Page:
TA­BLES On a deep-sea jour­ney

Chris­tine McCabe dis­cov­ers a seafood cafe with a taste for the ex­otic on South Aus­tralia’s re­mote Eyre Penin­sula

The Weekend Australian - Travel - - Indulgence -

THREE hun­dred kilo­me­tres is a long way to drive for lunch, only to dis­cover you should have made a reser­va­tion. Mo­cean Cafe Restau­rant, set above the long town jetty in far-flung Streaky Bay on South Aus­tralia’s Eyre Penin­sula, is buzzing. It’s mid­week and we’re a long way from any­where, yet this is a crowd large enough to make even a Syd­ney restau­ra­teur smile.

Restau­rants are pretty thin on the ground in this re­mote cor­ner of Aus­tralia; the last we spied was at Cof­fin Bay about 260km back down the road and it was closed. Which wouldn’t be a prob­lem if I didn’t have two ado­les­cent sons in tow. The cho­ruses of ‘‘ are we there yet?’’ and ‘‘ I’m starv­ing’’ are reach­ing a crescendo as we cruise into Streaky, a re­mark­ably pretty lit­tle town set on a broad bay flut­ter­ing with white­capped waves.

We’re lucky to nab the last ta­ble in Mo­cean, join­ing a happy throng of hol­i­day­ing fam­i­lies, lo­cal busi­ness folk and mums do­ing cof­fee and cake.

The lun­cheon menu is de­signed with all-day din­ing in mind and in­cludes melts, yeeros and tapas plates as well as seafood and steak, while the din­ner op­tions are more grown up, with greater em­pha­sis on an imag­i­na­tive use of the Eyre Penin­sula’s out­stand­ing seafood.

We be­gin with a plate of lo­cal oys­ters, farmed by for­mer wheat farmer Tom Evans in the bay we can see through the win­dow, one of many peo­ple on this penin­sula to make the move into aqua­cul­ture. Given the chilly weather, we de­cide to or­der the meaty mol­luscs kil­patrick ($15 a half-dozen, $21 a dozen). This old­fash­ioned dish is han­dled very well. The oys­ters are plump, sweet and spank­ing fresh, and the sauce is not the least bit over­pow­er­ing, just sharp enough to warm the cock­les.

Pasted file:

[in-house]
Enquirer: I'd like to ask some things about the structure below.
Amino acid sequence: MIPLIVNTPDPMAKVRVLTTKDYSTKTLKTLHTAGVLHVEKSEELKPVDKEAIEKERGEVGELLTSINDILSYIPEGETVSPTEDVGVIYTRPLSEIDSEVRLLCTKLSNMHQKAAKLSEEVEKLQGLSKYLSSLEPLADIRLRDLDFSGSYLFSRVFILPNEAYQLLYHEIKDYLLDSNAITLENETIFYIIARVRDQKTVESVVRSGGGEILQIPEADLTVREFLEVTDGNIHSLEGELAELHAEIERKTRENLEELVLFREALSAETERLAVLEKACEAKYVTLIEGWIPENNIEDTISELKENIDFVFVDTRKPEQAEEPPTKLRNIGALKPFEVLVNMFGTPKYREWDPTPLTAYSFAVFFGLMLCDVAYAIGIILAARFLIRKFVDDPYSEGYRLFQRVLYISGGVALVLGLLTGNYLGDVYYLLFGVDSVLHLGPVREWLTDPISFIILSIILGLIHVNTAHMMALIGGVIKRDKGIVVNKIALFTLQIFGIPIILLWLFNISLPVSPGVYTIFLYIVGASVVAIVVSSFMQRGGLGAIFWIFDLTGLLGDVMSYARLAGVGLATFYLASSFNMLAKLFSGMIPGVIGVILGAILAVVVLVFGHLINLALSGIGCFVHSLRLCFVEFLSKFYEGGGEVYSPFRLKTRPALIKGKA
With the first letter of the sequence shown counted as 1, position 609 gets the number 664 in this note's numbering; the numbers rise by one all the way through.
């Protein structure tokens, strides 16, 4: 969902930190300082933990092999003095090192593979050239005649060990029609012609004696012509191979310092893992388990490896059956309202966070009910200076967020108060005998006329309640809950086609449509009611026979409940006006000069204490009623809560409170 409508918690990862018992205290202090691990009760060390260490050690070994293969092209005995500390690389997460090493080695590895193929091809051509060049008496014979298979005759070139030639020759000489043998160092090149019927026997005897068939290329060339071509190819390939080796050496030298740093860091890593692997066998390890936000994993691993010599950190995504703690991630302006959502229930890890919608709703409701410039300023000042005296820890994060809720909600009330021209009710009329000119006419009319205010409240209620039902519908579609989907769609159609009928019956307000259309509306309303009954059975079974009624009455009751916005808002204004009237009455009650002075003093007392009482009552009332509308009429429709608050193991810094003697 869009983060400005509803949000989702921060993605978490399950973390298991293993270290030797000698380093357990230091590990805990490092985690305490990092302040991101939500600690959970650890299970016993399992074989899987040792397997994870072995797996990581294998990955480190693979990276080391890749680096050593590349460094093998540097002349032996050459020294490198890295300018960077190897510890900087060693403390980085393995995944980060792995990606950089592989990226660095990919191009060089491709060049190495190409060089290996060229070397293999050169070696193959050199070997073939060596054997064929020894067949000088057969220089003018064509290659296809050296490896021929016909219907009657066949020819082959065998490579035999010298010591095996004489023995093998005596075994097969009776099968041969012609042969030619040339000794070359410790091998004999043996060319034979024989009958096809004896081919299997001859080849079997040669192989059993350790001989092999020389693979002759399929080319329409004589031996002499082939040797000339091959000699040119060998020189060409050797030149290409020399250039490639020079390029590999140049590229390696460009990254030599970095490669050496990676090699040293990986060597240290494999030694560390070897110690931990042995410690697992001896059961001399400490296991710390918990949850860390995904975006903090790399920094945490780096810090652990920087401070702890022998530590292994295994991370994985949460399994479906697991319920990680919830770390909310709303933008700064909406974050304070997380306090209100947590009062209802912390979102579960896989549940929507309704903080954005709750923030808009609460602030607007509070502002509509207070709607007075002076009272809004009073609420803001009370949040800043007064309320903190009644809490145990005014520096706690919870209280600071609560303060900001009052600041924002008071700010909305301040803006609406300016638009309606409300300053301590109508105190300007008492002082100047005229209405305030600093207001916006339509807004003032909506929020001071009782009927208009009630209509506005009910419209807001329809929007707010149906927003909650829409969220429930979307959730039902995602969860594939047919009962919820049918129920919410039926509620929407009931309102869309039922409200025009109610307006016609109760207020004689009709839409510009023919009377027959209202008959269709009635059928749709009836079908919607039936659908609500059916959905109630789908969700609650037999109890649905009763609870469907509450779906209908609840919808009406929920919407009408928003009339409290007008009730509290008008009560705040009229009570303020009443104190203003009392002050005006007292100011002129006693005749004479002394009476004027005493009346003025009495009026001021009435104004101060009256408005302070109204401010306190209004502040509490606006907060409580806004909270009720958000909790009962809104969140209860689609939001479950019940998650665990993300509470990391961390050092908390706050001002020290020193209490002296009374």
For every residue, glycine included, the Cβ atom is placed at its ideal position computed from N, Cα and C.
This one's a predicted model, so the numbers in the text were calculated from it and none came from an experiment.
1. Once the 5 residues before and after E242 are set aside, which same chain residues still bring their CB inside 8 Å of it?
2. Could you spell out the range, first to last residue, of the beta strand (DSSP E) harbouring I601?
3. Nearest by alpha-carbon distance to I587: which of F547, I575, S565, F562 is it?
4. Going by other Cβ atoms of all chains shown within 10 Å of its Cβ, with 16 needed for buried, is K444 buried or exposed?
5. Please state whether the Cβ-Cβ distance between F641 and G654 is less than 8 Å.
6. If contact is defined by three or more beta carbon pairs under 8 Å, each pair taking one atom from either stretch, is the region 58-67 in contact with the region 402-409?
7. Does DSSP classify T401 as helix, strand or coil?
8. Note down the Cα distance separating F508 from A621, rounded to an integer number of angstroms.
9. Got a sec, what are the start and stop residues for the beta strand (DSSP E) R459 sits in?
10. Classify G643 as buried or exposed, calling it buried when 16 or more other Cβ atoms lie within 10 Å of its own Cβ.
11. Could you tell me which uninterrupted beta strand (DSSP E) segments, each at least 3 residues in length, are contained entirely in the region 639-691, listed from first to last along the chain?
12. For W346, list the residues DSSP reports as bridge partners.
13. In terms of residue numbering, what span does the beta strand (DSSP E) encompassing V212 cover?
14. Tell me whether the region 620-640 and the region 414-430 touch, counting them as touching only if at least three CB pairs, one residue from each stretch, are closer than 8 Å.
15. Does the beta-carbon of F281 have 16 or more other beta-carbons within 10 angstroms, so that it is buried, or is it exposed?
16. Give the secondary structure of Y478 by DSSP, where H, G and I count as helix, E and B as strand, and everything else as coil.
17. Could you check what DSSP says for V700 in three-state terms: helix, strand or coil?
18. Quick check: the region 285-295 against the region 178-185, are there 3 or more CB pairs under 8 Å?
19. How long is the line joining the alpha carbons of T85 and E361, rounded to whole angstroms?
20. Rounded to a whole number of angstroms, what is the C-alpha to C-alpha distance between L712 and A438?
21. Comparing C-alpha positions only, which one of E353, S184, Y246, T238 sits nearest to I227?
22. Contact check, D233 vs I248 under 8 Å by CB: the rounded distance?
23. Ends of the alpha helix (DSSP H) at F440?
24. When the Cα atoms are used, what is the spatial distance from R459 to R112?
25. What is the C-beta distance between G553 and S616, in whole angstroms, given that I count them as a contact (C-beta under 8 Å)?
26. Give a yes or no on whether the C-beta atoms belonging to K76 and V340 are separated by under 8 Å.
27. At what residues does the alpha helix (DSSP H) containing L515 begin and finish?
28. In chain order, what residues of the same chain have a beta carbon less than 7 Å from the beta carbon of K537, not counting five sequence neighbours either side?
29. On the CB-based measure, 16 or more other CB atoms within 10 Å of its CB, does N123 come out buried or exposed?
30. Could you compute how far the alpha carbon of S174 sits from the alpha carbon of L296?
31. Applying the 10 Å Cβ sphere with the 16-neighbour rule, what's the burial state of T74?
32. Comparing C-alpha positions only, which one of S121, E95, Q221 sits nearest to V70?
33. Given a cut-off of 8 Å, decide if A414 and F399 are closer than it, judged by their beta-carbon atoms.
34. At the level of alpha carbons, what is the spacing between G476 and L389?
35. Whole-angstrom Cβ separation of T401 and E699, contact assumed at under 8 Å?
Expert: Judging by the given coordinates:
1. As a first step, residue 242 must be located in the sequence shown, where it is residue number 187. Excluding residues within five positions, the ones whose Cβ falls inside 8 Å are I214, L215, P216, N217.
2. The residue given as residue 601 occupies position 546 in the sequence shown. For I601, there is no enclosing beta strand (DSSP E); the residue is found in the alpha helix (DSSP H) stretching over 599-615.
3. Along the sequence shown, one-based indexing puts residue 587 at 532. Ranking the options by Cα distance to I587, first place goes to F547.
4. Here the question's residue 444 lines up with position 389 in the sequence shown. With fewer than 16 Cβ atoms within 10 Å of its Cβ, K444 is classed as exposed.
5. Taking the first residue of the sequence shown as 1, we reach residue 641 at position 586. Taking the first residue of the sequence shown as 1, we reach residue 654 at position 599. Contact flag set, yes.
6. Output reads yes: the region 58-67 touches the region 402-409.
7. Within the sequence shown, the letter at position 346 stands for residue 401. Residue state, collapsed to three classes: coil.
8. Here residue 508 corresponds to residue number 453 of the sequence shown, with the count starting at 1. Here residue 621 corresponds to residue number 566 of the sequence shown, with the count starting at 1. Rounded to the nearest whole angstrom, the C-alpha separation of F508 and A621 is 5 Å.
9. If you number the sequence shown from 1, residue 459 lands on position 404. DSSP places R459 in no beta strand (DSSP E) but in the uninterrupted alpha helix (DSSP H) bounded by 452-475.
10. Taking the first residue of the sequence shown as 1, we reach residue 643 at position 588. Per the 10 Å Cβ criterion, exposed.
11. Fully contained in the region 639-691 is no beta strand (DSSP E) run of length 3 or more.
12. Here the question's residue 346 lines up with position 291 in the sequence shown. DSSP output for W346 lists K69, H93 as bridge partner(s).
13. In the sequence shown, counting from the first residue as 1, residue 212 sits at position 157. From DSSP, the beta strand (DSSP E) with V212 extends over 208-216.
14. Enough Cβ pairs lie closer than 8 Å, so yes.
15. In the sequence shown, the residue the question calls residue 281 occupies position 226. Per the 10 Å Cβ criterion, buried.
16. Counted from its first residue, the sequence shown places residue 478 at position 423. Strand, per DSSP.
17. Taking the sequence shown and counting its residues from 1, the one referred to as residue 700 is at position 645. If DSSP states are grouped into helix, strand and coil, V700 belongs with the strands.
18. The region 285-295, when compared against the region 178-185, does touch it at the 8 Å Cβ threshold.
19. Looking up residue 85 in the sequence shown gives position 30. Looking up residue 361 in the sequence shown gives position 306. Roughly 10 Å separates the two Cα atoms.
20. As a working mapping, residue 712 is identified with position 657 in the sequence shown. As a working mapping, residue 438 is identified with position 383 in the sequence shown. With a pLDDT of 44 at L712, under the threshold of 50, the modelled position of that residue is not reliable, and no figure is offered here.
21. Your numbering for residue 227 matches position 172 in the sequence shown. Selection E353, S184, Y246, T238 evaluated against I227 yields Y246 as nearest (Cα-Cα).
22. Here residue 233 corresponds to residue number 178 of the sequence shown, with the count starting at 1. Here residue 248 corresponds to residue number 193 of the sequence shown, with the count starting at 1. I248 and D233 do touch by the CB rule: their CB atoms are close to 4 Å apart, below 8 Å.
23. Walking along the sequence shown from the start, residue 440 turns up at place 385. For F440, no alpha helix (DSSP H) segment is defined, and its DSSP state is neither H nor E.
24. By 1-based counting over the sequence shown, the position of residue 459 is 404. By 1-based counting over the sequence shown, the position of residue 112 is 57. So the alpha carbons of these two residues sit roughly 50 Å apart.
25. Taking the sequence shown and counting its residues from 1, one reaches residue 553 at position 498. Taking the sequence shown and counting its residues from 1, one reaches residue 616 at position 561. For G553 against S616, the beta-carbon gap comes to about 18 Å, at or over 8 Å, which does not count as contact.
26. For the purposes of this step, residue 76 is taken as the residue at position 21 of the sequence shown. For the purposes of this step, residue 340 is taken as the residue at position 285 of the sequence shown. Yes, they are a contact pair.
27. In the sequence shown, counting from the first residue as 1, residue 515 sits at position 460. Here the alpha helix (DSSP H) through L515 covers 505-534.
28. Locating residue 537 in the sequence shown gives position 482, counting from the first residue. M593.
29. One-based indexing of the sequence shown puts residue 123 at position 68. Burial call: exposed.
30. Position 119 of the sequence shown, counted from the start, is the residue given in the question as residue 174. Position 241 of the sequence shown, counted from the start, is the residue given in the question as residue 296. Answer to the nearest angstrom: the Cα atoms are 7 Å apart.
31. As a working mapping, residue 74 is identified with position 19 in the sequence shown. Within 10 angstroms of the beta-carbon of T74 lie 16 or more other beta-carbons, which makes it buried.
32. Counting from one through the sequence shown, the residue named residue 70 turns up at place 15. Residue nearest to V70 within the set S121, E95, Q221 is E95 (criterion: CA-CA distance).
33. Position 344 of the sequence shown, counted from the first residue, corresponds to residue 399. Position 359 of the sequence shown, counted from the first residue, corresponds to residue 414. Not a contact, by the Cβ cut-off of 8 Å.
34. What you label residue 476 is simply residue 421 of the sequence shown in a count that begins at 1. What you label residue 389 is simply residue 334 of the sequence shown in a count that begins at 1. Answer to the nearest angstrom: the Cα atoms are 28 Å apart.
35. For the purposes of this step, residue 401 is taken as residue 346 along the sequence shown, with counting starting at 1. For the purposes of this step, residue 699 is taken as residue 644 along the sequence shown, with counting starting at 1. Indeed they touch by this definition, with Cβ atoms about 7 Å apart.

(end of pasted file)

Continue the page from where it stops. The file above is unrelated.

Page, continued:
Mo­cean’s decor cel­e­brates its re­mote lo­cale. The ex­te­rior is daubed with a colour­ful mu­ral (an art form we’ve no­ticed in sev­eral towns on the penin­sula); in­doors, wooden floors, a high-pitched ceil­ing lined with hes­sian sack­ing and a jaunty bar clad in cor­ru­gated iron cel­e­brate the Aussie rural ver­nac­u­lar.

Restau­rant pro­pri­etors Margii Cald­well and her part­ner, Mo­cean chef Hardy Weyrauch, have a pen­chant for re­mote bush restau­rants, hav­ing for the past six years been based at the Prairie Ho­tel in Parachilna in the Flin­ders Ranges.

They moved to the coast six months ago and,

Docked at the bay: Chef Hardy Weyrauch has plans for feral food of the sea at Mo­cean Cafe Restau­rant bring­ing his ex­per­tise in feral and bush food with him, Weyrauch has das­tardly plans to chal­lenge the taste­buds of a lo­cal pop­u­lace al­most weary of the plea­sures of dirt-cheap seafood, with scary sound­ing dishes such as stingray with sea pars­ley.

‘‘ Our menus are al­most to­tally seafood ori­ented in the sum­mer,’’ says Cald­well. ‘‘ But we need to in­clude a variety of dishes. The lo­cals don’t al­ways want to eat fish when they go out; they catch that them­selves.’’

Lucky them. Son No 2 is itch­ing to drop a line but, un­for­tu­nately, the town jetty ap­pears in dan­ger of be­ing swamped by a large swell (not sur­pris­ingly, the restau­rant’s broad deck is com­pletely de­serted), so it’s back to the menu where beer-bat­tered, line-caught King Ge­orge whit­ing ($18) seems a good choice. And it is served with an ex­cel­lent homemade tartare sauce.

The hot tapas plate ($16) in­cludes gen­er­ous serves of grilled chorizo and spinach and mush­room frit­tata, to­gether with mar­i­nated mini ribs, olives, pesto and toasted cia­batta. Like­wise the duck sausages ($14) are enor­mous, served on a great pile of sweet potato mash with a driz­zle of blood plum glaze. Just the thing on a win­ter’s day and prob­a­bly even bet­ter washed down with a glass of shi­raz.

Un­for­tu­nately, though, we have an­other 100km to drive for din­ner, so I’ll have to make do with sim­ply read­ing the small wine list, which fea­tures a nice se­lec­tion of South Aus­tralian reds and whites (in­clud­ing sev­eral by the glass). The Bun­daleer shi­raz ($6.50 a glass) is a re­minder of Cald­well and Weyrauch’s

Pic­ture: Se­bas­tian Mansell

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